Friday, June 03, 2011
If you are old or care for an elder, watch those meds
I am an elder, I guess. But a woman wrote to Dr Michael Levin, a medical toxicologist at Banner Good Samaritan Poison and Drug Information Center here in AZ, saying she had recently taken over her 74-year-old mother’s care and was worried about managing the meds.
This can be a huge problem because many older people have more than one wheel coming off (myself included).
First, Levine says, keep an up-to-date list of her (or your) meds, including over-the-counter ones like the daily aspirin, allergy meds, and vitamins and supplements.
Go over the list with the doctor. Take the pill bottles in a bag if you want. Keep copies of the list at home and in your wallet or purse.
You should also know in your own mind what each medication is for. The pharmacist can help you there if the doctor is too busy.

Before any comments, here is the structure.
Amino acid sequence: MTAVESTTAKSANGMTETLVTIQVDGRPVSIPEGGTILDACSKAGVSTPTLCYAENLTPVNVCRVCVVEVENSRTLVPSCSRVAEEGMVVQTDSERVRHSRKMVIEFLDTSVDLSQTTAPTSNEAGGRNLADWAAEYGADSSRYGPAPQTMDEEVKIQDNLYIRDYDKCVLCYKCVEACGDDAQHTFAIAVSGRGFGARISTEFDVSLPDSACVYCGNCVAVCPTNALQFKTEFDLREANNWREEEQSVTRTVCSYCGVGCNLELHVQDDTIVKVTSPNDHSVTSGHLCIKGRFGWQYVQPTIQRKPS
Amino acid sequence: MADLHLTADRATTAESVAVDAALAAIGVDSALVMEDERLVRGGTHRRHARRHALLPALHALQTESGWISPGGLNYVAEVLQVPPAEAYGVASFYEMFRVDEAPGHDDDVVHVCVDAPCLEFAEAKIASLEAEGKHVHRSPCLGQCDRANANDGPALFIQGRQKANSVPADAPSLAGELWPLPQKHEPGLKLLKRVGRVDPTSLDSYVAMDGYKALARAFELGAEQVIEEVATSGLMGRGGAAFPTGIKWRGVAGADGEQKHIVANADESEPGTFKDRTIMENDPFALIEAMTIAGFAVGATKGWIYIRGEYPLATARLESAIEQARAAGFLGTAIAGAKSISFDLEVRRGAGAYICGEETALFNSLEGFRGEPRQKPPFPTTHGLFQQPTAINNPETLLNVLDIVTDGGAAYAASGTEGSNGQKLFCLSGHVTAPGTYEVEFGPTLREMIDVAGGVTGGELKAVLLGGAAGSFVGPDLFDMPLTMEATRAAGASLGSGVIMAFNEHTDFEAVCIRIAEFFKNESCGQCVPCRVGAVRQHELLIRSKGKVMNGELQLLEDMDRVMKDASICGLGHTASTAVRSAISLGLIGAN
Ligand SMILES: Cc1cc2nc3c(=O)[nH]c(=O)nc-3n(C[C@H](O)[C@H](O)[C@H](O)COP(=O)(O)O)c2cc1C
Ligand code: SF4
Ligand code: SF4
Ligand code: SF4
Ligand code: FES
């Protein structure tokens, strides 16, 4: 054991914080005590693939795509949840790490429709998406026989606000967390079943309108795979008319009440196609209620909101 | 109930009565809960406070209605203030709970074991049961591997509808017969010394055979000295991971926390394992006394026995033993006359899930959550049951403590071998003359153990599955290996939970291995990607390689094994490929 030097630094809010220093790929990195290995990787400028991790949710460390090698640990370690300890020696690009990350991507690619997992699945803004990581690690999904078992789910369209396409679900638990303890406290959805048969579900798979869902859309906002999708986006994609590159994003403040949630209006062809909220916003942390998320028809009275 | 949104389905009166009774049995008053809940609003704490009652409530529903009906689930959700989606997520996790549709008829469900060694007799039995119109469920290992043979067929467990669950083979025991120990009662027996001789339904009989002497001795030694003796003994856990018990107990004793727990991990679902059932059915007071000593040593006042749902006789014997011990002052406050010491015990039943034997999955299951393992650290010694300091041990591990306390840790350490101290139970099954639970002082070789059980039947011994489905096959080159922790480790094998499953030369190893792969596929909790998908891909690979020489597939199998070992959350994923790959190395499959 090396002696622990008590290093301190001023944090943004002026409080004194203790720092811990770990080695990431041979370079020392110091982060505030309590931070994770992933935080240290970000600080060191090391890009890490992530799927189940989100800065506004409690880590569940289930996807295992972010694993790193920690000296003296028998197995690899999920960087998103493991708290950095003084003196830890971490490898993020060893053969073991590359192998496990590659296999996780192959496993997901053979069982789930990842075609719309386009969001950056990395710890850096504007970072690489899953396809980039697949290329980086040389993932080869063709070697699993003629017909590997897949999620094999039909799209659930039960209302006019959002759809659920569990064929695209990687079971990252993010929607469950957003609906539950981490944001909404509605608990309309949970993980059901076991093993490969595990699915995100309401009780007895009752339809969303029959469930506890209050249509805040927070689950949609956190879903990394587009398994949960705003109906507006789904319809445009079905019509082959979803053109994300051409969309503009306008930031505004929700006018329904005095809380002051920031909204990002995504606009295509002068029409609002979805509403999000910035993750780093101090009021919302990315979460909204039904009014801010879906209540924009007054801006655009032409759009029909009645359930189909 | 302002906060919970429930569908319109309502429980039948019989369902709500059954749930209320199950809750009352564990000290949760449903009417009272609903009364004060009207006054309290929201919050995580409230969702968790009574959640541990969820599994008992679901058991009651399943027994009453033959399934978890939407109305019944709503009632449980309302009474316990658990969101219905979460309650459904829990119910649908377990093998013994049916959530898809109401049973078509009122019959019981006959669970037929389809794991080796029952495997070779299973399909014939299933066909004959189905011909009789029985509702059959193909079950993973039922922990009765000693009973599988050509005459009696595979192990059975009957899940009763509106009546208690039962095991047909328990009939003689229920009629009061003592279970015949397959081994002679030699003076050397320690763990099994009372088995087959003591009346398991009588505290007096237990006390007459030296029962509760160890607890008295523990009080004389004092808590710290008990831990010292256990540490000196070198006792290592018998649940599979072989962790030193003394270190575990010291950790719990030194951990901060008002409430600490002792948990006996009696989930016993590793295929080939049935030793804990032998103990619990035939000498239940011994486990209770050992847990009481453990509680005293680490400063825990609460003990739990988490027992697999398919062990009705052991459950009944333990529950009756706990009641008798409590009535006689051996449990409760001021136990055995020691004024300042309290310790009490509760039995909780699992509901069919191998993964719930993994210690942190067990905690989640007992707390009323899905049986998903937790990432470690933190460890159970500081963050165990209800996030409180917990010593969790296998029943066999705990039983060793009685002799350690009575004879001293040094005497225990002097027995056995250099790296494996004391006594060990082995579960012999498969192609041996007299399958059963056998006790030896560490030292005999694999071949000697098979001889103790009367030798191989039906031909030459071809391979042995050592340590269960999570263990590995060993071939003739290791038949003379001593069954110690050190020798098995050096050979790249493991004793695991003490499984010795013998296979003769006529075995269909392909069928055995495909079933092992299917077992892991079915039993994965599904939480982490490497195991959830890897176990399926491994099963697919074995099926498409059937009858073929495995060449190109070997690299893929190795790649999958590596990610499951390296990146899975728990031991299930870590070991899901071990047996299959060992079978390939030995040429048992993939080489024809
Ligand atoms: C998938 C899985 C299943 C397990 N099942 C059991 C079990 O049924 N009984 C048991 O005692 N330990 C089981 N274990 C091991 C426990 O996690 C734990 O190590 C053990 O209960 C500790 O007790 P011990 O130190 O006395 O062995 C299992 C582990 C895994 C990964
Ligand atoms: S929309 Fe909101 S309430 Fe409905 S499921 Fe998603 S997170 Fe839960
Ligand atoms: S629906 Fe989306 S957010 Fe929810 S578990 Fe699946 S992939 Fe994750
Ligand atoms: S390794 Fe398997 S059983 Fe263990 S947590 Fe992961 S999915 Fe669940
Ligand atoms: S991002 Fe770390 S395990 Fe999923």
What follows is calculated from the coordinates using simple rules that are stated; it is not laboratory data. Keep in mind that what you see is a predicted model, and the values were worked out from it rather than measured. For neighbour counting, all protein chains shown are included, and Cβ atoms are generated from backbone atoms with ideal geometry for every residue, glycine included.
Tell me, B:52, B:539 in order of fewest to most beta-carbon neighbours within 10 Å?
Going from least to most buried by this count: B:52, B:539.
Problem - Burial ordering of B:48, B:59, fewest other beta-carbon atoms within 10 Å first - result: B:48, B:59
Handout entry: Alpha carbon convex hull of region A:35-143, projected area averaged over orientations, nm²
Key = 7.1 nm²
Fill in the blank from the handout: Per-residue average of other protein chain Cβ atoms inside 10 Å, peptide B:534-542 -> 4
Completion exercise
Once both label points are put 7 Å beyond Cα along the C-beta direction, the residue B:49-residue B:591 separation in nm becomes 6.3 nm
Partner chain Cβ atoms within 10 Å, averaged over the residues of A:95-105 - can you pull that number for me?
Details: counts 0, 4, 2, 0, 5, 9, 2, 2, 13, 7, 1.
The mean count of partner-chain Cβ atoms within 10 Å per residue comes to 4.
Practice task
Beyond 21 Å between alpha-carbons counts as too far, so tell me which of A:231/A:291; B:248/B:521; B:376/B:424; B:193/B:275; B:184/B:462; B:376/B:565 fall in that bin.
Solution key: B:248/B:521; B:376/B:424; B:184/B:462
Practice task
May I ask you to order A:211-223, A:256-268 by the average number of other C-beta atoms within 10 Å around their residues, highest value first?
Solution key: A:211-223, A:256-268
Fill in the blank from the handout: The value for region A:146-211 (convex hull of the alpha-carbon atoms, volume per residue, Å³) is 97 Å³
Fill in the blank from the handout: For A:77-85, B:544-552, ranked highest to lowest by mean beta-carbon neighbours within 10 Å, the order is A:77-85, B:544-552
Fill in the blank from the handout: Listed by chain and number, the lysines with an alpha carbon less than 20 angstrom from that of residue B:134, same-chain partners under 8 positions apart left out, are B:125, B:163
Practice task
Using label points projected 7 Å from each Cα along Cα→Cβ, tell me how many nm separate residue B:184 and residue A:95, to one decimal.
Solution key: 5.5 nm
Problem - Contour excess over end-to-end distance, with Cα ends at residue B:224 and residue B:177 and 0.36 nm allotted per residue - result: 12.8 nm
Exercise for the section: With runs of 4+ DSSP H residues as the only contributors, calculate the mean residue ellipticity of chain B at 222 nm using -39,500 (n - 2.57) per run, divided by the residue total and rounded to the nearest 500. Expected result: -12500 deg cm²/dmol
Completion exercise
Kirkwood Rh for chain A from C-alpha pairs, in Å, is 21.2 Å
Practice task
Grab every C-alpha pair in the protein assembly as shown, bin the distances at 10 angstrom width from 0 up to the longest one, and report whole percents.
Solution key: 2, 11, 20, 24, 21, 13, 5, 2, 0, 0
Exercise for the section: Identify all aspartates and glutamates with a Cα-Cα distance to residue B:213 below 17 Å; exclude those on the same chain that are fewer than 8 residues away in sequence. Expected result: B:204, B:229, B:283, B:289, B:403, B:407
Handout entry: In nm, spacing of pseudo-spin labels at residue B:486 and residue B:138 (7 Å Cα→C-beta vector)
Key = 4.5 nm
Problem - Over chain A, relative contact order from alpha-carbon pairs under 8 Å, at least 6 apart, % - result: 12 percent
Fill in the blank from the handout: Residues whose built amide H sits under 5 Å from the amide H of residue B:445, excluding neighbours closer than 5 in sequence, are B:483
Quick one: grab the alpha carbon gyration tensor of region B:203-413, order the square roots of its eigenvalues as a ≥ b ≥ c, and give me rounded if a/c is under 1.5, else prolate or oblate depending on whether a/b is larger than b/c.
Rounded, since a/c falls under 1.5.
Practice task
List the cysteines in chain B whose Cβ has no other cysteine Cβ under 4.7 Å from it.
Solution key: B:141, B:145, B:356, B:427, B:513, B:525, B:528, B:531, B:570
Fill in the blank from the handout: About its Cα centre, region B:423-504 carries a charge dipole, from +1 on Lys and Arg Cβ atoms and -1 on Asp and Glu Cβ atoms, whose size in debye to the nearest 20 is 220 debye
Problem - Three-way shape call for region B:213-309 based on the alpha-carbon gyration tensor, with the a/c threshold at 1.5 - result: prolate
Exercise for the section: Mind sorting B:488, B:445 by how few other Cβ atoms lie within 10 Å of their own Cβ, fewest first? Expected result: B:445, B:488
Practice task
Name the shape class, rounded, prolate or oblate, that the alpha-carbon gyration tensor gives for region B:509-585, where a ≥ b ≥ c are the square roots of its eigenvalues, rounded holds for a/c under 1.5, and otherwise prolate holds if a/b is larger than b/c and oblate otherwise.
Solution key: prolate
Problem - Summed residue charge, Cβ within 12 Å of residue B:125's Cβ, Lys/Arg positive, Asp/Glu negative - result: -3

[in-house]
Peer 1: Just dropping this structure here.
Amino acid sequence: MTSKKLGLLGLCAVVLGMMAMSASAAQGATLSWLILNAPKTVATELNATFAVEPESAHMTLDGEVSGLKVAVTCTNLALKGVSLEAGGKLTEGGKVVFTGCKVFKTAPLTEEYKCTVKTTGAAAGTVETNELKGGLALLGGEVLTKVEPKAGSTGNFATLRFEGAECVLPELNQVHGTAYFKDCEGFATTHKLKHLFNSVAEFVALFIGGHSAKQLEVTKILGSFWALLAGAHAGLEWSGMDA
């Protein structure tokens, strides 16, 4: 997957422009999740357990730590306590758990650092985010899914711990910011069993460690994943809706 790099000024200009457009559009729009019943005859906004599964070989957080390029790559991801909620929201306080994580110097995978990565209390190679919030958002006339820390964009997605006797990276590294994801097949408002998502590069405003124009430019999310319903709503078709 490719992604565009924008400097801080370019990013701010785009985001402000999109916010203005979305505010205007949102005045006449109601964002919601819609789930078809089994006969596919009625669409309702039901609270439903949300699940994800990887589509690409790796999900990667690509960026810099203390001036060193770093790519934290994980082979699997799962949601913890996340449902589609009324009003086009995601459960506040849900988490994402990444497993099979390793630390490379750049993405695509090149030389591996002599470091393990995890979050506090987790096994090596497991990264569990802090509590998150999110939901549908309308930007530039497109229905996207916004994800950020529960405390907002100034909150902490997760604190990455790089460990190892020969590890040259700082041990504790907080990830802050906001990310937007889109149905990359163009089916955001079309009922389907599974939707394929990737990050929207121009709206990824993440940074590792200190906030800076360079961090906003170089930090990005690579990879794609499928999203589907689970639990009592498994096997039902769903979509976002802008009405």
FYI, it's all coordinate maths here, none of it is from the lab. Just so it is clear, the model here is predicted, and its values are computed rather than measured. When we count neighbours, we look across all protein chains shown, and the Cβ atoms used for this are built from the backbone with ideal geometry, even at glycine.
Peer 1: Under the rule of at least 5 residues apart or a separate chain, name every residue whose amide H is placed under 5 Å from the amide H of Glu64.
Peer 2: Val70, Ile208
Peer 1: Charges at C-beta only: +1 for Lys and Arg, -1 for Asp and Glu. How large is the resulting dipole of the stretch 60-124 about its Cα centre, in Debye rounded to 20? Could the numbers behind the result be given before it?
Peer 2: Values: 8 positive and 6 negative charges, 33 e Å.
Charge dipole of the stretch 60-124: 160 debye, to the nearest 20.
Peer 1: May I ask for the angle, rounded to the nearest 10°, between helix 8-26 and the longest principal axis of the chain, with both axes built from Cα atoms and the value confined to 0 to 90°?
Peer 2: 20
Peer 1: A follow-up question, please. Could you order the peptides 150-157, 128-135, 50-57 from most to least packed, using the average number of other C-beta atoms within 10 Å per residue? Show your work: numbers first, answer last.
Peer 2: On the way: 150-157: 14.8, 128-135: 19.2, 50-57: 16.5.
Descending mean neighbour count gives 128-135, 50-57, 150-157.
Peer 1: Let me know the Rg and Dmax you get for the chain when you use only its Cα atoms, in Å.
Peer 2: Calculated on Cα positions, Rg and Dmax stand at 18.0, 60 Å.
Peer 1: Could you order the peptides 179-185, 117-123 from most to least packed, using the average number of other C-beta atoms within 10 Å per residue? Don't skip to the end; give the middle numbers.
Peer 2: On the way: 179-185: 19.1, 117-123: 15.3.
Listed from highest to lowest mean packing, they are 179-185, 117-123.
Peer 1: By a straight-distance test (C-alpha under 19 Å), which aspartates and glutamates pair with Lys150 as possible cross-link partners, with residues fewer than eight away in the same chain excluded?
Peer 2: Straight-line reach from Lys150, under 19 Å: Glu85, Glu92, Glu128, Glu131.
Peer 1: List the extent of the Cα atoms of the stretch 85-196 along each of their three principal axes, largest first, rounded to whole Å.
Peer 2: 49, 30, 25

Write down special instructions—time of day, grapefruit juice OK or not, with food or not.
Write down side effects to watch for (you could even read that material the drugstore gives you).
If the meds expire, dispose of them properly, maybe at a disposal center if you know of one. We don’t need to be drinking all this in the water supply.
When taking meds, turn on the lights and wear glasses, Levine says. Sounds simple---but I have not done it and lived to call myself an idiot.
When leaving the ER, or after a hospital stay, be very sure you are clear on the meds. Sometimes they discharge you with prescriptions—should you or your relative take these in addition to the old ones, instead of, what?
Very important: If the patient seems to feel crappy or different, it could be the meds, not the disease.